In fact, the stakes are slightly different for Phase 2 than they were for Phase 1. Unlike Phase 1, which authorized faster credits, Phase 2 will mean debits can be made faster. If all goes as expected, once Phase 2 is live, receiving parties could find money has moved out of their accounts faster than they are accustomed. Also, if there is an issue with the entry date of a transaction and debits post early to accounts, Steele said, customers will be very upset with the institutions. It’s important for banks to understand what the changes mean and convey those changes to their business and consumer customers, she added.
“People aren’t going to complain if you put money into their account too early, but you can rest assured people will complain — and probably complain pretty loudly — if you take money out of their [accounts] before you’re authorized to do so,” Steele advised.
For banks, Same Day ACH debits mean incremental change
McKay said TD Bank is ready for the Phase 2 rollout and has been educating its customers about the impacts of the change.
To ensure that originating customers are intending to process same-day transactions, McKay said the bank will not automatically enroll its business customers in Same Day ACH debits. Instead, businesses interested in offering it can ask to subscribe to the service through their bank representatives.
While Same Day ACH debits may allow more businesses and consumers to deliver money faster, McKay sees most businesses and customers using scheduling tools to plan their finances accordingly. This means they are less likely to get caught off guard by funds that move too early. “Classic ACH” remains available to everyone in the industry who benefits from the convenience of scheduling their payments ahead of time vs. waiting until the last minute to authorize a payment.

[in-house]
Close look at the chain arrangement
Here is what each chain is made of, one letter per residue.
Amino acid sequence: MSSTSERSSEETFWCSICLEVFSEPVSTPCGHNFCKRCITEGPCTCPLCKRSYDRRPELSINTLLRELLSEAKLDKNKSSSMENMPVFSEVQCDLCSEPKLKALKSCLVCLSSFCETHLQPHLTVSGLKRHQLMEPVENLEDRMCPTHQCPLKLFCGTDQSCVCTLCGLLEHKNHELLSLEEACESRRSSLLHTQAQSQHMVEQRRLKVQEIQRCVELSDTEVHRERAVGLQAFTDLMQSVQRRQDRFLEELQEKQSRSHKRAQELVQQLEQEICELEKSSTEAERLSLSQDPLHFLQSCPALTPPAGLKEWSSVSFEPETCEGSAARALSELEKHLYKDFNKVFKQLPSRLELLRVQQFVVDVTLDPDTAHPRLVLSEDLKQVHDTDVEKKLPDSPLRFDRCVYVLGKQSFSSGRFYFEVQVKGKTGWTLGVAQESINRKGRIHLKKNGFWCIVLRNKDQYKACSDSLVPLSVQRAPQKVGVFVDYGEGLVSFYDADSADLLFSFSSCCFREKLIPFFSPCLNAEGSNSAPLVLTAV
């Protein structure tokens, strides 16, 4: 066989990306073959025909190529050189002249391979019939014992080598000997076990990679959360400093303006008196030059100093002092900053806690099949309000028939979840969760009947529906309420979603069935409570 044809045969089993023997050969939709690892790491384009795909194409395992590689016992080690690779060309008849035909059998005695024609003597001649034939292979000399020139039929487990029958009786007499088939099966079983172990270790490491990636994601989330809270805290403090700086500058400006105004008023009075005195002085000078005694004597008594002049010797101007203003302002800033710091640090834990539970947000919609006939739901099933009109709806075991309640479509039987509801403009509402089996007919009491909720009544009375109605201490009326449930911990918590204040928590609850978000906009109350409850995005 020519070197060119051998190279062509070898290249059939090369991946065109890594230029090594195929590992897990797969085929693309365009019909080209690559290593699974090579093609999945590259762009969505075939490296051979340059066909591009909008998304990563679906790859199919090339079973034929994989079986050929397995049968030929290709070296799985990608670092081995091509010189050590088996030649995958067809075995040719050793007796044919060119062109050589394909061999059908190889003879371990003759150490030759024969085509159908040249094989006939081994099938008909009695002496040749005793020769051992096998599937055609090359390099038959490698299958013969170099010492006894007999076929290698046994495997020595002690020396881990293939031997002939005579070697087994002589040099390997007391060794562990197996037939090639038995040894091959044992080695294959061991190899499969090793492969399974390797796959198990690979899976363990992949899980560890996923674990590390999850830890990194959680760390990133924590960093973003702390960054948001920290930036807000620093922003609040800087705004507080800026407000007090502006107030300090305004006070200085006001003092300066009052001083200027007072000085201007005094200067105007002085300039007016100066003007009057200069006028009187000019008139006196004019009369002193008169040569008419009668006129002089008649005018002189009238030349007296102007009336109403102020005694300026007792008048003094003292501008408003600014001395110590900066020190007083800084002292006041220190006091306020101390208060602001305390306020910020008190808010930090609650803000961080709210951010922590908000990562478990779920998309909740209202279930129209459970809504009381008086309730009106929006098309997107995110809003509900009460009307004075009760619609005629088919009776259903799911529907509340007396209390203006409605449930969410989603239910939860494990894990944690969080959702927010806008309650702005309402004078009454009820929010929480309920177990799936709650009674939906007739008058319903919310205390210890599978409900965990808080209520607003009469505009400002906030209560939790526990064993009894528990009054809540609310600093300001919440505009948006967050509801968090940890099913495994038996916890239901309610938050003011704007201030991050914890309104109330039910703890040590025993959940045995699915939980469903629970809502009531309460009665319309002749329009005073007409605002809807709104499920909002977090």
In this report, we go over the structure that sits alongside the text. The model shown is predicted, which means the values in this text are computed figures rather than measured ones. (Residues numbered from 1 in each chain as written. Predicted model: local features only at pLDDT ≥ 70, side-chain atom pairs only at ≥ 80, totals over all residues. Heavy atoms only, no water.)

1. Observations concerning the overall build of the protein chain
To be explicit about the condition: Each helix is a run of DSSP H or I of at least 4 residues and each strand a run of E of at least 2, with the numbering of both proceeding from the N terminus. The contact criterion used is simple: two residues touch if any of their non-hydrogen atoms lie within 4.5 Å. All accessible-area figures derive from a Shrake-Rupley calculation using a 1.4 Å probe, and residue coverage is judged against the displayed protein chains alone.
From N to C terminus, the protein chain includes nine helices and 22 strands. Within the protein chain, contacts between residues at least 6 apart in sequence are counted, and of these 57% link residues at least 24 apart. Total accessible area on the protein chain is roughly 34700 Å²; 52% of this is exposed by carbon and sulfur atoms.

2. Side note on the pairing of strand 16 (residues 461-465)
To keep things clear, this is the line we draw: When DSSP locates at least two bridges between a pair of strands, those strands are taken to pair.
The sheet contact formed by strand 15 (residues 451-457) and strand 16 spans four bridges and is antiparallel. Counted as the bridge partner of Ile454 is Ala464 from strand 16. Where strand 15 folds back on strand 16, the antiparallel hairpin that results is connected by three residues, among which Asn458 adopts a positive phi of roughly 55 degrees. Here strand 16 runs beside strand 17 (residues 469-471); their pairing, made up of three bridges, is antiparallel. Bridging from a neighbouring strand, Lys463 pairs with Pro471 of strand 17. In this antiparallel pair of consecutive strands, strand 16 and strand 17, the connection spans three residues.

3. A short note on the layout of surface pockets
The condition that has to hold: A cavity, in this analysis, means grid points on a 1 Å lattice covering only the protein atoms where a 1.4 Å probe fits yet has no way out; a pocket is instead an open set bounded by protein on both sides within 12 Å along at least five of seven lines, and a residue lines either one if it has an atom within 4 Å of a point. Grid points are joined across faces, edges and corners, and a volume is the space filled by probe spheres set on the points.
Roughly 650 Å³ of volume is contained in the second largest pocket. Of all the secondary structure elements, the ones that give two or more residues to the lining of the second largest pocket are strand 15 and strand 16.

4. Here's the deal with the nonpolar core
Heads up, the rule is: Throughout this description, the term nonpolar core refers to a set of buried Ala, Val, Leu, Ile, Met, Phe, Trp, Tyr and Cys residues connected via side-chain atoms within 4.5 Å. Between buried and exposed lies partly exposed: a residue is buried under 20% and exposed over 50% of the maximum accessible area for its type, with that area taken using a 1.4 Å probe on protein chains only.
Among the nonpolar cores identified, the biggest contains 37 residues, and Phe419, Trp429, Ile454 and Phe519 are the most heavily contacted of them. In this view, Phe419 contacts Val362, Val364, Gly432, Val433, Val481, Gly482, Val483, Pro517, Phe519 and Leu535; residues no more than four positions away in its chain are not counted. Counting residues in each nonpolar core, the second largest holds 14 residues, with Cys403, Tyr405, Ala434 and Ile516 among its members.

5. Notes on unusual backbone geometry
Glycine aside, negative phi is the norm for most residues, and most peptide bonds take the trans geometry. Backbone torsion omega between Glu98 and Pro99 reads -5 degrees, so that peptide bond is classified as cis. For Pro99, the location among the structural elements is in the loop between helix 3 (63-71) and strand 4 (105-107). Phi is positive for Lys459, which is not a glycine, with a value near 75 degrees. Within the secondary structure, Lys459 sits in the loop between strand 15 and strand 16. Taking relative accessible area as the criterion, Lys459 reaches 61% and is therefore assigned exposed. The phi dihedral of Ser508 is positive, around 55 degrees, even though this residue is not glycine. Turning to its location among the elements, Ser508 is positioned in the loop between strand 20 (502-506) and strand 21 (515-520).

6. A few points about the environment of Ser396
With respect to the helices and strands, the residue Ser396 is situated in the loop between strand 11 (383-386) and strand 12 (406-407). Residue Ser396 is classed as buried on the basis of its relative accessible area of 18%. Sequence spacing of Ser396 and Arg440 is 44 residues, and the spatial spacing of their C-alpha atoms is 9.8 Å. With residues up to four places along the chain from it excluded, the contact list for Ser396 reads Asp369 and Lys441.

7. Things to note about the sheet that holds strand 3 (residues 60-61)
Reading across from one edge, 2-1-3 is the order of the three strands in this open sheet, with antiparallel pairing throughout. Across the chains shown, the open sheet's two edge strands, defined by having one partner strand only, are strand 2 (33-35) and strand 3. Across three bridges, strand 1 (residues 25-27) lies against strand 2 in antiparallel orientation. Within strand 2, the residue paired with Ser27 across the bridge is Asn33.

“For the most part, businesses and consumers schedule payments,” said McKay, comparing Same Day ACH debits to an enhanced version of the bill pay feature.
Once Phase 2 is rolled out, McKay said, it will represent a measured change to the ACH Network. “I don’t think it will be revolutionary, but I think it will be another incremental improvement to the [payments] ecosystem,” he said.
Risky debit business
Steele said financial institutions should be taking steps to ensure that debit payments are made only on the date when they are authorized to be debited. All financial institutions and businesses are encouraged to ensure that the effective entry date represents the date the debit should be posted.
So far, she said, ePayResource’s members are saying they are prepared. Steele noted that receiving bank members are taking steps to mitigate the potential impact of any unintended Same Day ACH debits. Some member institutions have stated they will post debits but will waive any non-sufficient funds (NSF) fees associated with debits posted earlier than anticipated, at least in the early stages after the Same Day ACH debit rollout, she said.
Based on what she has heard from member organizations so far, Steele believes the number of unintended debits will be minimal once Same Day ACH debits is available. Still, she’s preparing to hear from members who will inevitably wind up dealing with these unplanned transactions.
“You’ll hear some people say, ‘It’s not a matter of if, but when it happens,’” Steele said. “My hope is that those are fewer than [we think].”
In a short time, the financial world will get a taste of Same Day ACH debits. How the new service is utilized and if the number of unintended debits can be kept to a minimum could determine whether this sequel lives up to the success of its predecessor.
Coming Soon: ‘S.D. ACH III – The Final Chapter’
And, of course, there’s more to come. The third and final phase of Same Day ACH is scheduled to roll out in March 2018, and will require RDFIs to make funds available for Same Day ACH credits by 5 p.m. How the Same Day ACH Phase 2 rollout performs could determine whether the financial services community reaches for the popcorn in anticipation of the final entry in the Same Day ACH trilogy.